Even the widely promoted nonpharmaceutical interventions against COVID-19 including quarantine, cordon sanitaire, and social distancing and healthy lifestyles have their origin in Ayurveda.[43],[44],[45] These are erroneously thought to date back to the 14th-century Europe.[46],[47] In reality, these originated in India back in the 5th century BC. In a city now known as Varanasi, a legendary teacher and king of Kashi, Lord Dhanvantari explained to a class of his students about how infectious diseases spread and what needs to be done to contain social spread of infections. The renowned scholar of Ayurveda and surgery, Sushruta, was one of the students in the class. He compiled one of the most ancient scientific treatises of surgery and science of life known to humanity. This treatise, now known as Sushruta Samhita, made Sushruta the father of surgery. About the infectious diseases, Sushruta notes contact with the body of the infected person; breathing in the air containing the exhaled air of patient; eating, sleeping, and sitting together; and using cloths, garlands, and cosmetics used by an infected person – all these actions transmit diseases such as skin infections, fever due to infections, pulmonary tuberculosis, ophthalmia or conjunctivitis, and other contagious diseases from one person to the other (Su. Ni. 5.33-34). Consequently, complete avoidance of these actions is necessary to prevent the transmission of infectious diseases in community.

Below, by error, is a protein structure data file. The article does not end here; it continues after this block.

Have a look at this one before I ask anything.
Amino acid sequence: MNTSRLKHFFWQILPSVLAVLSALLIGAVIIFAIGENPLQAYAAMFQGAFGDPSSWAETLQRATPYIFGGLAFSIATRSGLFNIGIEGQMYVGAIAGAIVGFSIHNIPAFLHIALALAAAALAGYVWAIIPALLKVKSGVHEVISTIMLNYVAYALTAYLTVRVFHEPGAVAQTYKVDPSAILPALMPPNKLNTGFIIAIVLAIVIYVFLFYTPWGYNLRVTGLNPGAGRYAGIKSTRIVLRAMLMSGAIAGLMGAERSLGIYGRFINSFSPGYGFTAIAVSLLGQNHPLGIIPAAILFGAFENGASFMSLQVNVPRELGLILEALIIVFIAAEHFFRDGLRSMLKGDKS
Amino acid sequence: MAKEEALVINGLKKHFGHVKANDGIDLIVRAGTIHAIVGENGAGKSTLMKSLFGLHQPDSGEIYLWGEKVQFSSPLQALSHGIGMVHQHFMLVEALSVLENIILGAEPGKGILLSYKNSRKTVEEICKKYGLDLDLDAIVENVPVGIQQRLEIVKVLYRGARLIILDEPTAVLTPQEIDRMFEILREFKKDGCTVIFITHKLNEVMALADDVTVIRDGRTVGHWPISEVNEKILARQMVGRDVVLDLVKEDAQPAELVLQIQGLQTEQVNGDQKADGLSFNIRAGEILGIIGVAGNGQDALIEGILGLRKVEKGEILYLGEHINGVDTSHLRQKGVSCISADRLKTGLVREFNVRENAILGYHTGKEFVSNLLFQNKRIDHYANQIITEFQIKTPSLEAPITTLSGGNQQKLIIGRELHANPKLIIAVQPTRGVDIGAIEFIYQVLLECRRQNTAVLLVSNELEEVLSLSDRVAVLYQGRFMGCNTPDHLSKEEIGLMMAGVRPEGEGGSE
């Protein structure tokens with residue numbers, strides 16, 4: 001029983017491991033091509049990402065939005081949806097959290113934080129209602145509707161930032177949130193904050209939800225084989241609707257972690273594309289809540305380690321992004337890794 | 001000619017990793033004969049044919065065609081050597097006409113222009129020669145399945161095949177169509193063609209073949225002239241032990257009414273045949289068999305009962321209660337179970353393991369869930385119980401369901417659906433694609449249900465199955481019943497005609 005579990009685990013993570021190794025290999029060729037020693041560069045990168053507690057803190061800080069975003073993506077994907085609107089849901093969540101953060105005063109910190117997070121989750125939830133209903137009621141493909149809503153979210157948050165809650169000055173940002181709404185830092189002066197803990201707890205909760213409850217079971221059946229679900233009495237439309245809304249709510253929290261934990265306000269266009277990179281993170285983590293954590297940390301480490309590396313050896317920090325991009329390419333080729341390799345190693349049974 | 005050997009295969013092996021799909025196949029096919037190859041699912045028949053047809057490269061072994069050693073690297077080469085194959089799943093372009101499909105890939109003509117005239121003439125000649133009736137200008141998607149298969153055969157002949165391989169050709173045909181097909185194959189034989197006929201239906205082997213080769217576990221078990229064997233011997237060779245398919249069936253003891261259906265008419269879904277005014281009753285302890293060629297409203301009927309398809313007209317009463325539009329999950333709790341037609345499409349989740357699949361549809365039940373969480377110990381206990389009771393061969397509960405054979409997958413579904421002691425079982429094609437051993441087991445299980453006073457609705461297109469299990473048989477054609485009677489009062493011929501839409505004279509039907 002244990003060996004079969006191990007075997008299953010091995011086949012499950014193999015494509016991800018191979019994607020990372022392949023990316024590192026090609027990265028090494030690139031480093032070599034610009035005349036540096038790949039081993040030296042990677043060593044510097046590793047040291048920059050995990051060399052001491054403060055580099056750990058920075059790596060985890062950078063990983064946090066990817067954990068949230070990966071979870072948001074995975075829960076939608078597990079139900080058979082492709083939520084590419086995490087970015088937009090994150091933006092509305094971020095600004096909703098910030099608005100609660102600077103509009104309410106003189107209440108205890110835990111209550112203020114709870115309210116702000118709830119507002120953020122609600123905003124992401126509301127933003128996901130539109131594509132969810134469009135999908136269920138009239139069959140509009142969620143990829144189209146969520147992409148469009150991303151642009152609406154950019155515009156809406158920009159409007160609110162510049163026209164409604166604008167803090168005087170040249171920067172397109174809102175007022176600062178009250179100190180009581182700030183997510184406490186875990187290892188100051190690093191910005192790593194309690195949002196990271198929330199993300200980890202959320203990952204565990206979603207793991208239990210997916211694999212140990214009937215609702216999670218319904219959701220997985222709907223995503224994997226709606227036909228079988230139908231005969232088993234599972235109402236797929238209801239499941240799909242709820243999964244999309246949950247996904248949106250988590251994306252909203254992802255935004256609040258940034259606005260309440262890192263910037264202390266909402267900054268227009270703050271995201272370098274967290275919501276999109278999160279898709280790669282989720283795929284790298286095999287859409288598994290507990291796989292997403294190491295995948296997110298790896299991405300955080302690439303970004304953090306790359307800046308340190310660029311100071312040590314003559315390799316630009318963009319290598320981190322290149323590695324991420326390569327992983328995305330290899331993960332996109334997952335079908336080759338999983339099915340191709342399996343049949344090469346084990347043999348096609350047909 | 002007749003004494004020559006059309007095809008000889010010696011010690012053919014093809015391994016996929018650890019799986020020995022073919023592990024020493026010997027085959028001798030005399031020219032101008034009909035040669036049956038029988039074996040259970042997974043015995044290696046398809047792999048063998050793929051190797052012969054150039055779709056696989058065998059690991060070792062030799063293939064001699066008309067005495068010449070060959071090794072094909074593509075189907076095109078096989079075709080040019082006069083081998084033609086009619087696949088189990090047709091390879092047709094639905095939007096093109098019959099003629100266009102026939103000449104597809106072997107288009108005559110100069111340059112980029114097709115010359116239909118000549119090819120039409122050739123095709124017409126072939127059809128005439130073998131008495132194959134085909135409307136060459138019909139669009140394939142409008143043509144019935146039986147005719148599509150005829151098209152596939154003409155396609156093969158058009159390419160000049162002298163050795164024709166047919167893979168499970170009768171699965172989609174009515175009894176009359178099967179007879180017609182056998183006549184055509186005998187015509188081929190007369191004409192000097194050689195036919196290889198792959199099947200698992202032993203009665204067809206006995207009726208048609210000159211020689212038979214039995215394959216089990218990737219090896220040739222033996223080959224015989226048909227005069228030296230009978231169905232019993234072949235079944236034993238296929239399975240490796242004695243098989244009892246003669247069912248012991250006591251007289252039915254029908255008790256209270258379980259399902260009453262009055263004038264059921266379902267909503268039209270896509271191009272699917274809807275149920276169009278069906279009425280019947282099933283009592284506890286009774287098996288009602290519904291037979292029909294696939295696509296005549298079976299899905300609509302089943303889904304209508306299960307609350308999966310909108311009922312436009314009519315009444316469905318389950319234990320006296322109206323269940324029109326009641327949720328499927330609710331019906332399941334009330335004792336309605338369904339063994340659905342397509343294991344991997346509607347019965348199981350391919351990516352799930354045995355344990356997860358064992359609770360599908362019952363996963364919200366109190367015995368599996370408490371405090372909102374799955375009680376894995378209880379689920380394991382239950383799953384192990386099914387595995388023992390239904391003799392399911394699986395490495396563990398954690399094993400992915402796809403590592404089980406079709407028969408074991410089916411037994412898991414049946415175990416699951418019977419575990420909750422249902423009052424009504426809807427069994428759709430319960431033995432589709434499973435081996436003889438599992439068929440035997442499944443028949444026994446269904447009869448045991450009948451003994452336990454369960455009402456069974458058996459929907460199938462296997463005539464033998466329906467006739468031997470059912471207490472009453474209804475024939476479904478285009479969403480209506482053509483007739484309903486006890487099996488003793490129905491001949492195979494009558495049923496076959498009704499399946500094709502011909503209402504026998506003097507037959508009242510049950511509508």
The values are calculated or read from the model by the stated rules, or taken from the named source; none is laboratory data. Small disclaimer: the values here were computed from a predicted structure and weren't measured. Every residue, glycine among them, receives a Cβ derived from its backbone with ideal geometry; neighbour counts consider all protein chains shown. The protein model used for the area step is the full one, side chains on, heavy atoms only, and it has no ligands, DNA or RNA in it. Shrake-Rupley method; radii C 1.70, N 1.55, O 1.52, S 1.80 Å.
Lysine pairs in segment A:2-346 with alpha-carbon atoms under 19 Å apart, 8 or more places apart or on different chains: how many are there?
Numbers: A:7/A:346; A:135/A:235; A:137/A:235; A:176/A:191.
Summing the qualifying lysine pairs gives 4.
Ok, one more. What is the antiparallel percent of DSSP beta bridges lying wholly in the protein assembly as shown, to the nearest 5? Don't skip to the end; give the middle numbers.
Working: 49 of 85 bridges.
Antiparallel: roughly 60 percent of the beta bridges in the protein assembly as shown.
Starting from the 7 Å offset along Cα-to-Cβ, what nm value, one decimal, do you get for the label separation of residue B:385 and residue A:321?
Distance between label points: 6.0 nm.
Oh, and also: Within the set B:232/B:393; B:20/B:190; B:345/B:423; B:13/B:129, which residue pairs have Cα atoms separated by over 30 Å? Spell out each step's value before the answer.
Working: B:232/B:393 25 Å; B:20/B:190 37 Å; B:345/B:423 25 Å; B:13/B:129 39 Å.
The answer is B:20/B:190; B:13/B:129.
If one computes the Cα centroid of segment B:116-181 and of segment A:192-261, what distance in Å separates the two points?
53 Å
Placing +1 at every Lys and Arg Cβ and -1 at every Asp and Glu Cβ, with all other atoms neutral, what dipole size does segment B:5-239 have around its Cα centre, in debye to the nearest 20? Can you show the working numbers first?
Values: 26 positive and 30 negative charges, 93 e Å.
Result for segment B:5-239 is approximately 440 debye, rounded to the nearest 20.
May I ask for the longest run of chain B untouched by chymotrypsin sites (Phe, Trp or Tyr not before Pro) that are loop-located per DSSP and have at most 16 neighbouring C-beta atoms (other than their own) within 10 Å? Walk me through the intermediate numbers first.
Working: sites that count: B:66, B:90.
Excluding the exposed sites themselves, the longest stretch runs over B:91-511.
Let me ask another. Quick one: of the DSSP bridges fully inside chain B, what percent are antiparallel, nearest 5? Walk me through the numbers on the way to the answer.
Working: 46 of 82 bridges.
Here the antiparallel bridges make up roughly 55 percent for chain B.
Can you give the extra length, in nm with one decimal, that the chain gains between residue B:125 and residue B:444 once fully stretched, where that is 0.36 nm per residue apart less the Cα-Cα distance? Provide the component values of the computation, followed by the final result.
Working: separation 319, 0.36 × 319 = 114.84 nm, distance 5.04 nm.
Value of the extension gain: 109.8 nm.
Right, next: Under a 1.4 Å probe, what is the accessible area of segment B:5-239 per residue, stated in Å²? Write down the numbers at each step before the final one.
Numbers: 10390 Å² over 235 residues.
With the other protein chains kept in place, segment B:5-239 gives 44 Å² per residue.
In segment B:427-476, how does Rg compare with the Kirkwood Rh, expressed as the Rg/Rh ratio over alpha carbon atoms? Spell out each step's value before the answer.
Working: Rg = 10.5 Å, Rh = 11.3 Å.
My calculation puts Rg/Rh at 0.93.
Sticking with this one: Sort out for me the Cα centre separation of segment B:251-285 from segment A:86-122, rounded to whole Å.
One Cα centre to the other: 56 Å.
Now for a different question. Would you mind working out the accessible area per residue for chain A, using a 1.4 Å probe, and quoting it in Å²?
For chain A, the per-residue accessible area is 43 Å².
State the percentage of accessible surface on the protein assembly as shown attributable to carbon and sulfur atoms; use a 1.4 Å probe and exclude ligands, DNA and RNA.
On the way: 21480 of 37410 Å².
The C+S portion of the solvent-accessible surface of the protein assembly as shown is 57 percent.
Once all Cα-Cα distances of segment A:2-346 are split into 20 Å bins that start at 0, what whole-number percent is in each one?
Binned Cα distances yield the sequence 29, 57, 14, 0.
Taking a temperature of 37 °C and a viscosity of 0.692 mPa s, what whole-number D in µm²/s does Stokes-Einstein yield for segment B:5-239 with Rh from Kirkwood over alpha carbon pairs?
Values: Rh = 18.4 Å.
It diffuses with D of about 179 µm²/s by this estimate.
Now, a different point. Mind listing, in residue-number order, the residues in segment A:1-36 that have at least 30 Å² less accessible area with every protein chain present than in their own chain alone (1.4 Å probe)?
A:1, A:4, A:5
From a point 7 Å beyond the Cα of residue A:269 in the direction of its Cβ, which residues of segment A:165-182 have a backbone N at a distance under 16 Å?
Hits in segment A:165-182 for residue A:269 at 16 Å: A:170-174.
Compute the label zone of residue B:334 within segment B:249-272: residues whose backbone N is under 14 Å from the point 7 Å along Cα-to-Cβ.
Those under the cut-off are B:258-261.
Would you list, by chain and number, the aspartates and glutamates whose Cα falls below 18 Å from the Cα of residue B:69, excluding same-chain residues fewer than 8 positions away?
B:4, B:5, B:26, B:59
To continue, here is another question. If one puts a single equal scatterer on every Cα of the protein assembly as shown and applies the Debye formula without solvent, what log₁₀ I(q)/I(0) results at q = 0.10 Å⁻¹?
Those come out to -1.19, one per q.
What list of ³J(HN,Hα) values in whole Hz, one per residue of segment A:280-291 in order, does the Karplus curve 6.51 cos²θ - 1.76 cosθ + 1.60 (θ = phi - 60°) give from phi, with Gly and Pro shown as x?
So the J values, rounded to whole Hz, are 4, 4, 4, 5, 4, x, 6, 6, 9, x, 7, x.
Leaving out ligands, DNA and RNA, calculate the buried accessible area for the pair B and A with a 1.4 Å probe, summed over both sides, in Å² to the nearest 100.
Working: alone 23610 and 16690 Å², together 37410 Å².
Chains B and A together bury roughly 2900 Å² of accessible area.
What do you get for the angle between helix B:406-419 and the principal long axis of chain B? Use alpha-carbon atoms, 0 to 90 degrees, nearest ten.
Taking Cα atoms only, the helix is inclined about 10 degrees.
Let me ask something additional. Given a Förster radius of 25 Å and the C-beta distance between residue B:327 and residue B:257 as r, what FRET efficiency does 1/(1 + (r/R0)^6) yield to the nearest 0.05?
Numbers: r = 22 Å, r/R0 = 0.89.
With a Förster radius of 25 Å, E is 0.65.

Way Forward Top

Scientific advancements occur only when the knowledge produced by a scientific enterprise is robust, irrefutable, and unequivocal.[48] This applies equally to both Ayurveda and conventional medicine. This is important to understand that every health-care system existing and practiced in the world has a primary motive of providing optimal health care to their followers. A health-care system having an uninterrupted history of its practice and knowledge transference for over five millennia itself speaks about the potential utility it may possess. There can be epistemological differences of looking at the same phenomena which are understandable on the basis of historical evolution of the knowledge, but knowledge cannot be refuted simply for the reason that it is not understandable by the people who believe in another set of philosophy. It is now high time that perpetual animosities between Vaidyas and Allopaths should end for the common good of the humanity. The solutions to resolve the COVID-19 pandemic are complex, multifaceted, and recalcitrant and therefore require evidence-based decision-making on multiple fronts. A way forward would be to acknowledge that scientific research has strengthened evidence base, yet if Ayurveda was nonscientific, it would not have survived 5000 years. Denial of this evidence, as well as evidence from the contemporary studies, is indeed a form of pseudoscience. We must draw on all systems of knowledge rather than be enslaved by western medicine that currently lacks both evidence and directions.


I am grateful to Prof. Dr. Sanjeev Rastogi, Department of Kaya Chikitsa, State Ayurvedic College and Hospital, Lucknow; Prof. Dr. Pawan Kumar Godatwar, Department of Roga Nidana, National Institute of Ayurveda, Jaipur; and Neha Pandey Prakash, Yajurvid Pharma, Jaipur for their insightful suggestions. The views expressed here are personal and driven by the Principle of Global Common Good. They do not in any way represent the views of the institution or service to which author belongs.

Financial support and sponsorship


Conflicts of interest

There are no conflicts of interest.